Apr 20, 2015 by Rua Lupa
“What good is religion anyway” is a question that was posited to us writers here at Patheos, more specifically inquiring whether our traditions have provided some good to the world. For this question to be answered it ultimately depends on the mental frame it is hung in. Is this a question about faith – which I have none, in that I simply say “I don’t know” or “I don’t think so” instead of filling in the blank with what cultural pressures tell me to believe. Or is it about our actions in the world, where we take a serious look at our physical impacts on those around us? If it is the later then we are on the same page, and I would say that the tradition I follow would be very good in that regard. But wouldn’t anyone say that about their own practices? I think here is the real important question underneath it all – Have we genuinely analysed our practices and were vigilant about ensuring that they are actually good? I can honestly say that I have, because I routinely find flaws and respond accordingly to fix them, and that has meant realizing that some practices were not for me and leaving them all together because they were fundamentally unfixable. The foundation was itself harmful and found that I didn’t want to be part of that as I truly wanted to cause good in this world.
The names of these past practices I was involved with are of no consequence, its their impact that actually matters. I don’t care who you are or what your practice is, if it is not concerned with improving the quality of life of those in this time and place, its bound to do harm. Lets be honest, as there is no empirical evidence for an afterlife, then we shouldn’t put so much stock on it existing as the only means to justify our practices. I’ve found that the best way to measure worthiness of a religious practice is to see the physical results of it in lieu of supernatural elements. From there you will quickly find whether or not it is genuinely good or harmful.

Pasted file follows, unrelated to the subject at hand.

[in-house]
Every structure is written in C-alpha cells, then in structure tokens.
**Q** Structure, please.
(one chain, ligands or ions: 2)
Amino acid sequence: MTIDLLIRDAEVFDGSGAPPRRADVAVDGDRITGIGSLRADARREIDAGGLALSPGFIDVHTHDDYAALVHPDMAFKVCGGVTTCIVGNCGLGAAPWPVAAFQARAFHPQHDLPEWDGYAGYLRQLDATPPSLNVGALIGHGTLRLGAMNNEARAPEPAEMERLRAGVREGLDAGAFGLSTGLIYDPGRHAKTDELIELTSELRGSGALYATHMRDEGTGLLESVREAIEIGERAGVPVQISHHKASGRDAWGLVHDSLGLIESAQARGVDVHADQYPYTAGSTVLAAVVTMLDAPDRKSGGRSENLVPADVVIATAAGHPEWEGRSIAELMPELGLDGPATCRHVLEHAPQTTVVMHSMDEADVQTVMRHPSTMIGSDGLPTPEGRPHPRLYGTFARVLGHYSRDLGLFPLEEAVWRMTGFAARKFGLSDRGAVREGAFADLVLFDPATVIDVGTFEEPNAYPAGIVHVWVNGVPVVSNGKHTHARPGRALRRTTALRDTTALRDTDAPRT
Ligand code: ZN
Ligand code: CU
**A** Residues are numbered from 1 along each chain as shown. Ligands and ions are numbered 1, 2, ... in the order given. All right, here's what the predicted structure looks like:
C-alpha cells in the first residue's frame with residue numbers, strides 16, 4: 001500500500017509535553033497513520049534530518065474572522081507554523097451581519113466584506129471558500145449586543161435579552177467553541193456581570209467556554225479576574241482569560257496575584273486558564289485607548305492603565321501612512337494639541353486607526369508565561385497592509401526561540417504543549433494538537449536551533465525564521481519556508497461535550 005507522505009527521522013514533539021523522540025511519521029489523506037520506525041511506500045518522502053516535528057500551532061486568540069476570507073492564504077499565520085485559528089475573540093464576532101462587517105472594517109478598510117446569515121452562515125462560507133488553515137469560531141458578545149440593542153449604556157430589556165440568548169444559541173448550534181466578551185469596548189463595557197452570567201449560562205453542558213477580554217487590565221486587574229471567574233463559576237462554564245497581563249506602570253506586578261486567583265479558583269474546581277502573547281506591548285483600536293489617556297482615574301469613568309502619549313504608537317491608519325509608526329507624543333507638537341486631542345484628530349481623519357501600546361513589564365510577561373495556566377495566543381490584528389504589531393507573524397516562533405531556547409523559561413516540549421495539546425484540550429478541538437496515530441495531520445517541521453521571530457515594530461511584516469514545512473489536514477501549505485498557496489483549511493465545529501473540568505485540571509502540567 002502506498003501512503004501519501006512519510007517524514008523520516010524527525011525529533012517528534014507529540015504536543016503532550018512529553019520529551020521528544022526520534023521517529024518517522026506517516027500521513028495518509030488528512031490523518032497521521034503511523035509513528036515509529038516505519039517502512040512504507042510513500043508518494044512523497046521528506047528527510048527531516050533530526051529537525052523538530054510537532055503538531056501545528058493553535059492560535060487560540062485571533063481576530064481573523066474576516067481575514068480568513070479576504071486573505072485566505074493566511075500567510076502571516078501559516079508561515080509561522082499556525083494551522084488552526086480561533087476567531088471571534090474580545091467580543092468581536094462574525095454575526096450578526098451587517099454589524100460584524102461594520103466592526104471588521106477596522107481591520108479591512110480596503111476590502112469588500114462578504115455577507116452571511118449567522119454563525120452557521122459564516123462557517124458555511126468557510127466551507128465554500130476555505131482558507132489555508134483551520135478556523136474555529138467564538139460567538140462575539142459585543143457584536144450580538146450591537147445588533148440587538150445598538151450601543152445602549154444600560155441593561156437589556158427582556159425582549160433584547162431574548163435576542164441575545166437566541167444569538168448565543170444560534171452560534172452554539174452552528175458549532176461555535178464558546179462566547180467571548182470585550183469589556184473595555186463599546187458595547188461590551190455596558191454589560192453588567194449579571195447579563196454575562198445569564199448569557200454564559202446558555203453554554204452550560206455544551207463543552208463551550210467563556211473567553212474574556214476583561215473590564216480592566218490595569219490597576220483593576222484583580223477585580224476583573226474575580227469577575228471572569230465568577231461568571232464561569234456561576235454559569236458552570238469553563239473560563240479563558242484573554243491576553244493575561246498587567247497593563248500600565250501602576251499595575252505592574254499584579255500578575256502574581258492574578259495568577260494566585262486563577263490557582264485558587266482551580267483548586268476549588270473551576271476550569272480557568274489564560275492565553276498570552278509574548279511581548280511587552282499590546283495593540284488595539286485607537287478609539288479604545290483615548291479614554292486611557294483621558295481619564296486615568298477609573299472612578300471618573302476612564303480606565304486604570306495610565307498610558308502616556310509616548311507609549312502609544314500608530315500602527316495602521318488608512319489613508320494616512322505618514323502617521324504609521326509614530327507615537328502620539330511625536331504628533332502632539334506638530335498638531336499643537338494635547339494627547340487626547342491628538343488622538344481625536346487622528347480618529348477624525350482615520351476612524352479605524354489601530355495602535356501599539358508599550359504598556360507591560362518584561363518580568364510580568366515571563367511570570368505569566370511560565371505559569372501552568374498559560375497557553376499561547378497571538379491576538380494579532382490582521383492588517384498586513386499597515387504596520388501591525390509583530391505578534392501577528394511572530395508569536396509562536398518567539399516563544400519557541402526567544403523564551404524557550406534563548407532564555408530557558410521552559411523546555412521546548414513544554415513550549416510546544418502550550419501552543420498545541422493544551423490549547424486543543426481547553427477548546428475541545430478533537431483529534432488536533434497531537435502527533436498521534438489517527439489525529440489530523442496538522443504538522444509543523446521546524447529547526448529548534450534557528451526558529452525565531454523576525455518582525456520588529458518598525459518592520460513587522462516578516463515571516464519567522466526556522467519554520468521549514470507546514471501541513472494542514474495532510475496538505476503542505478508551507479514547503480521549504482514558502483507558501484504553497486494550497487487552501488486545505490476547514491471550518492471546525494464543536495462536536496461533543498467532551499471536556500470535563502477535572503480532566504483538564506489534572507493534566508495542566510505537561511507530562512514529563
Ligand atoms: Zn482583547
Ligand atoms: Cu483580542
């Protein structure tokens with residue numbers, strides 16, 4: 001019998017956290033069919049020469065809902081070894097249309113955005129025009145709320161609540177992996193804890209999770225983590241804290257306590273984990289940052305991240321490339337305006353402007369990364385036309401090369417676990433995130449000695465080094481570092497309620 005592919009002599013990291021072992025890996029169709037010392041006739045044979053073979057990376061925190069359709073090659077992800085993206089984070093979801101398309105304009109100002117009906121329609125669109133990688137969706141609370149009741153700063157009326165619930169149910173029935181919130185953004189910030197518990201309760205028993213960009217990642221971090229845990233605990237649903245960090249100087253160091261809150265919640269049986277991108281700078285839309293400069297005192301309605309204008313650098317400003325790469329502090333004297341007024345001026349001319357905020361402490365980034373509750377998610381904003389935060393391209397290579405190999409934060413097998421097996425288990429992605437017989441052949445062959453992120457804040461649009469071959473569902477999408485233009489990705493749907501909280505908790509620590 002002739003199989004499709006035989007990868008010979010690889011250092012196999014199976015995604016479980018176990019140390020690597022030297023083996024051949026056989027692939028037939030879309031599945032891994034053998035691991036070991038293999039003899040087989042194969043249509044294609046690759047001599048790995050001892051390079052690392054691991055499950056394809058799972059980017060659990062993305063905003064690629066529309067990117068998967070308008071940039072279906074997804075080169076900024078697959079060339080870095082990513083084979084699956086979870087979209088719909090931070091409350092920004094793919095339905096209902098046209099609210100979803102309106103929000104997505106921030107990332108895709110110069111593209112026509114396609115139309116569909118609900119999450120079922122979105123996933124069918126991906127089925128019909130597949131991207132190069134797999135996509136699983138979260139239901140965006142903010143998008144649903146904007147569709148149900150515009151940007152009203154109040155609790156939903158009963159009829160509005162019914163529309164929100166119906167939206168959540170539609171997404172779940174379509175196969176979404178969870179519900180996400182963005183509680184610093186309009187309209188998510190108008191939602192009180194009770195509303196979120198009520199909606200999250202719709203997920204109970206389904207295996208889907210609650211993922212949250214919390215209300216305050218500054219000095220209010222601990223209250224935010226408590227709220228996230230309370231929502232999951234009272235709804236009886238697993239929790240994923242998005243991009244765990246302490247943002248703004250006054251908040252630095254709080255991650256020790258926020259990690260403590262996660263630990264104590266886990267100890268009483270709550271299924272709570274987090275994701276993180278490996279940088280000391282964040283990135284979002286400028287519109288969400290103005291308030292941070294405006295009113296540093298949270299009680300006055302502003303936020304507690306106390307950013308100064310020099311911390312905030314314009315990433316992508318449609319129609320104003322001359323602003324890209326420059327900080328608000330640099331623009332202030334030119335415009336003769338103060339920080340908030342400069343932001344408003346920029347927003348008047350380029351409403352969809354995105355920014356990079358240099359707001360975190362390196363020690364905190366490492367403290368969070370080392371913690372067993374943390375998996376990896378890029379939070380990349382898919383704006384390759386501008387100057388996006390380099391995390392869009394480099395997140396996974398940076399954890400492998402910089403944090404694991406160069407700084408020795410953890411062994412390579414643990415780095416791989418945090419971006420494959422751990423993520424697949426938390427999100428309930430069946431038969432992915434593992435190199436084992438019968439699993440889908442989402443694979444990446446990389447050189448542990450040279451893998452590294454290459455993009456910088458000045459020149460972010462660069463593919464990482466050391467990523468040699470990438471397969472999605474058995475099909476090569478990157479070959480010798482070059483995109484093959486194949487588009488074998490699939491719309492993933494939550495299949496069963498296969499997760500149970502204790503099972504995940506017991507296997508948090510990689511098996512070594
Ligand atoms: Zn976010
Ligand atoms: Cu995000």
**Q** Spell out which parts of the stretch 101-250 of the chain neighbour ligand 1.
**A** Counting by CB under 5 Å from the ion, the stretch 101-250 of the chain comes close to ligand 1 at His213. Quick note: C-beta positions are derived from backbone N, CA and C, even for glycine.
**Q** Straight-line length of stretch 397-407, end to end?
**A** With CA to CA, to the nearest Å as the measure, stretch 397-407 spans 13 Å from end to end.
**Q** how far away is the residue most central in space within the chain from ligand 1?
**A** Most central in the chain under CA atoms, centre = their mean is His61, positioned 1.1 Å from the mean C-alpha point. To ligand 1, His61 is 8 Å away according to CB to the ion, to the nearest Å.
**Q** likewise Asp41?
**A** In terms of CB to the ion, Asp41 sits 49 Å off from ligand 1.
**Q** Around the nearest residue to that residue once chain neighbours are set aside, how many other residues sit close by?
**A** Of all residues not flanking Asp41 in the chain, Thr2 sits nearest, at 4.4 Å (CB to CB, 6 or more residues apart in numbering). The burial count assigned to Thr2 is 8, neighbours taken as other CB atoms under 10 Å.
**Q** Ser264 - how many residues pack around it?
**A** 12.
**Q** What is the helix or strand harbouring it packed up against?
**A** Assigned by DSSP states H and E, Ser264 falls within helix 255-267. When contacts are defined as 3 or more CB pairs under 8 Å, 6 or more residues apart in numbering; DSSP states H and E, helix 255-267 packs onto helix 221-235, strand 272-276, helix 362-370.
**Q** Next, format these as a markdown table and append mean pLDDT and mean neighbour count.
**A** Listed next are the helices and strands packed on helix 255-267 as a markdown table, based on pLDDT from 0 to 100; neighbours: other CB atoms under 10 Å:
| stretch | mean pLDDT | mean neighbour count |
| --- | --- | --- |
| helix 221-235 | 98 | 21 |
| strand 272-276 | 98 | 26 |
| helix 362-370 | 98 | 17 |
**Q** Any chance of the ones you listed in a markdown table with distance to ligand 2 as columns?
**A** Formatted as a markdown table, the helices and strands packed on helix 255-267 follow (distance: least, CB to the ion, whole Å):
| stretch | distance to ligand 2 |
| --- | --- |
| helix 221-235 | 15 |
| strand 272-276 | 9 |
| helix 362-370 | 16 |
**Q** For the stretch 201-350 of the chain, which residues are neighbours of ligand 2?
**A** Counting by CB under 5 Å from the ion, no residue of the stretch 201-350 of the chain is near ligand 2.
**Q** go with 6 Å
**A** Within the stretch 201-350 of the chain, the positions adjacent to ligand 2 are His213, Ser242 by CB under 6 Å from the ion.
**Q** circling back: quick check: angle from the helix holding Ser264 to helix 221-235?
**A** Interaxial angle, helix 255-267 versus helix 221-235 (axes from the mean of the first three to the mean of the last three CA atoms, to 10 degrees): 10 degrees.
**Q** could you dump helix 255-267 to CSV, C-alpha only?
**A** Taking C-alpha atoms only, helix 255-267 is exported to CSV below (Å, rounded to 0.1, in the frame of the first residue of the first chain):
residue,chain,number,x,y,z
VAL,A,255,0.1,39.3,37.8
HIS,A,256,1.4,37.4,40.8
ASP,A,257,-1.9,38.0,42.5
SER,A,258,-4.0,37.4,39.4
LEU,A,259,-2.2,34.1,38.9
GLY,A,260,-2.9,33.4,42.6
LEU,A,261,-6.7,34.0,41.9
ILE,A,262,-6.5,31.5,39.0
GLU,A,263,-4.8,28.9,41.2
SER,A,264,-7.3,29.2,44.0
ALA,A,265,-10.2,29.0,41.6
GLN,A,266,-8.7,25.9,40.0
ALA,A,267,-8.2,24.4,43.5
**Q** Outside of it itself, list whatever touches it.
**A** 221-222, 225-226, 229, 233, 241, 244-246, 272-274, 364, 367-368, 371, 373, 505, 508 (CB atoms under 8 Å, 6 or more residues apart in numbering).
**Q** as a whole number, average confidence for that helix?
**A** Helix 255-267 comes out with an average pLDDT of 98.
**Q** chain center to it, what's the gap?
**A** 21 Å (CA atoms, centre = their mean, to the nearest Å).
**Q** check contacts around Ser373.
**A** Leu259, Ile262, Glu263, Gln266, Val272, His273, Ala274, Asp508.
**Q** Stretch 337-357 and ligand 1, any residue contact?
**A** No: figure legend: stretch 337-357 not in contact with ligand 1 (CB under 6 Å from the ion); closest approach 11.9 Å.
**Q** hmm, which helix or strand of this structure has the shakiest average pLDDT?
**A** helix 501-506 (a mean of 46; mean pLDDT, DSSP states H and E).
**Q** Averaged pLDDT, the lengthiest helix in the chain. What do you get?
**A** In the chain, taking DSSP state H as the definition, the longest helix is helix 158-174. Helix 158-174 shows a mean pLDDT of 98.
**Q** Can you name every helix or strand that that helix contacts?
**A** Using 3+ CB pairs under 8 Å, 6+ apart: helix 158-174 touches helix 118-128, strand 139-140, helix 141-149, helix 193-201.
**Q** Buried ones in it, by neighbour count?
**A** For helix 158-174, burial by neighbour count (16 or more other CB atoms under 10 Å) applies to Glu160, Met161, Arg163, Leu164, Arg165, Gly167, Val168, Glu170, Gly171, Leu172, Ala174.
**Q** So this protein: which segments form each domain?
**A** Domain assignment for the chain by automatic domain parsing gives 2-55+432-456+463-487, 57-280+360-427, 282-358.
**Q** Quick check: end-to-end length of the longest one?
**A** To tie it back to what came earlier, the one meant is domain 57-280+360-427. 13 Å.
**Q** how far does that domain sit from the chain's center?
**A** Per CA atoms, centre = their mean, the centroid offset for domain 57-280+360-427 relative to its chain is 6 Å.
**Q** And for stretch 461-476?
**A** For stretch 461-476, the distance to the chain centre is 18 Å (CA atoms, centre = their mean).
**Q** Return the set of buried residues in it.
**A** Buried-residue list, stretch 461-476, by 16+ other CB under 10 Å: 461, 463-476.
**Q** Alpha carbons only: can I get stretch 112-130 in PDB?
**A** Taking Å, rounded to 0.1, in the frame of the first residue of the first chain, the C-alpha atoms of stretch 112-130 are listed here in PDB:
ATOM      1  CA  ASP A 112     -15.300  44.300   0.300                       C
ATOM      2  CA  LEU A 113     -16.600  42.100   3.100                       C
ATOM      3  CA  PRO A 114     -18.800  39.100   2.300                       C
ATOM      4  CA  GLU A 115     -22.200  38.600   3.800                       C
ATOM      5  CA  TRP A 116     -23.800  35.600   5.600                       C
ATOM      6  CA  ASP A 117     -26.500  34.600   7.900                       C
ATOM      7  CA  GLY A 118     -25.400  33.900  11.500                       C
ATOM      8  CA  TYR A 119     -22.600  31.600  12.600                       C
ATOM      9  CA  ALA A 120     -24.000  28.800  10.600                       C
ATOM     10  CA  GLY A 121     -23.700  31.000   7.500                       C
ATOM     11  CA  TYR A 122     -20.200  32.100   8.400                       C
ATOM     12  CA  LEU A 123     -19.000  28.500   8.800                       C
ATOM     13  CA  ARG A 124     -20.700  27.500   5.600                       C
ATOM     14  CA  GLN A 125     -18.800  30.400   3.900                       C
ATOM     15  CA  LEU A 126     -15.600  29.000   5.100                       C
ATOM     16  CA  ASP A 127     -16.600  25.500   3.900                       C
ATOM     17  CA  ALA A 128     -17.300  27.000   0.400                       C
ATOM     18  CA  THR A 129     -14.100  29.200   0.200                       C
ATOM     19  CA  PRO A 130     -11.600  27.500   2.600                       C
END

There are religious practices that are certainly not harmful, but most I’d say aren’t doing a whole lot of good either by this form of measurement. There remains some that do a lot of good from their founding into today. One such example are Quakers, whose history is that of non-violence and as steadfast advocates for human rights. It would be hard to argue that this religious practice isn’t doing any good. This is just to show that supernatural elements are not required to find whether or not a religious practice is good, and yet still be considered good while having the supernatural as a core element.
In my journey I had moved further and further away from believing that ghosts, demons, angels, God, other deities, and spirits in general exist. That was directly due to having, not just seriously questioned, but actually seeking out answers through practice. As a result, I found that there is no evidence for such things and decided to then live accordingly. Which leaves little by way of camaraderie, and the closest I could get to the reflection of my worldviews was in Paganism, because Paganism included earth-based practices and is the most open to individualized practices. Through my individualized practice unexpectedly arose a tradition that was inclusive to diversity (any belief system can incorporate the philosophy, including Christian, Buddhist, Druid, Hindu, Muslim etc.) with the foundation of living harmoniously within Nature. It was called Ehoah (meaning “complete harmony within Nature”) with practitioners called Saegoahs (Saeg as the root word for ‘seek’, meaning “Seeker of complete harmony within Nature”), and all it is, is agreeing that the Saegoah’s Three Basic Tenets are true and living with respect to that:
When approaching the world with this view you would inevitably alter your way of life so that all your interconnections ensure a healthy ecosystem, and encourage healthy interconnections within your community. The fact that diversity is a core value makes it even better because it enables resilience, avoids stagnation, and promotes the cultivation of solutions – we accept that one solution doesn’t fit all and thus end up respecting our differences instead of quashing them. Such quashing of opposing views is a major problem in a great many religions and is undoubtedly harmful.
In walking this path a great many ideas and methods of approach are shared to aid one another in our quest for Ehoah. So the expressions of Saegoahs can diverse wildly, but all of them are a reflection of our ecosystem, and that is where we find commonality and camaraderie.
This philosophy is also considered a religion by some because of some of the forms of expressions that have arisen (rituals & ceremonies). Either way you take it, the form of approach remains a non-exclusive, simple, straightforward concept that encourages good in the world. And so it can be said that this is what good religion is.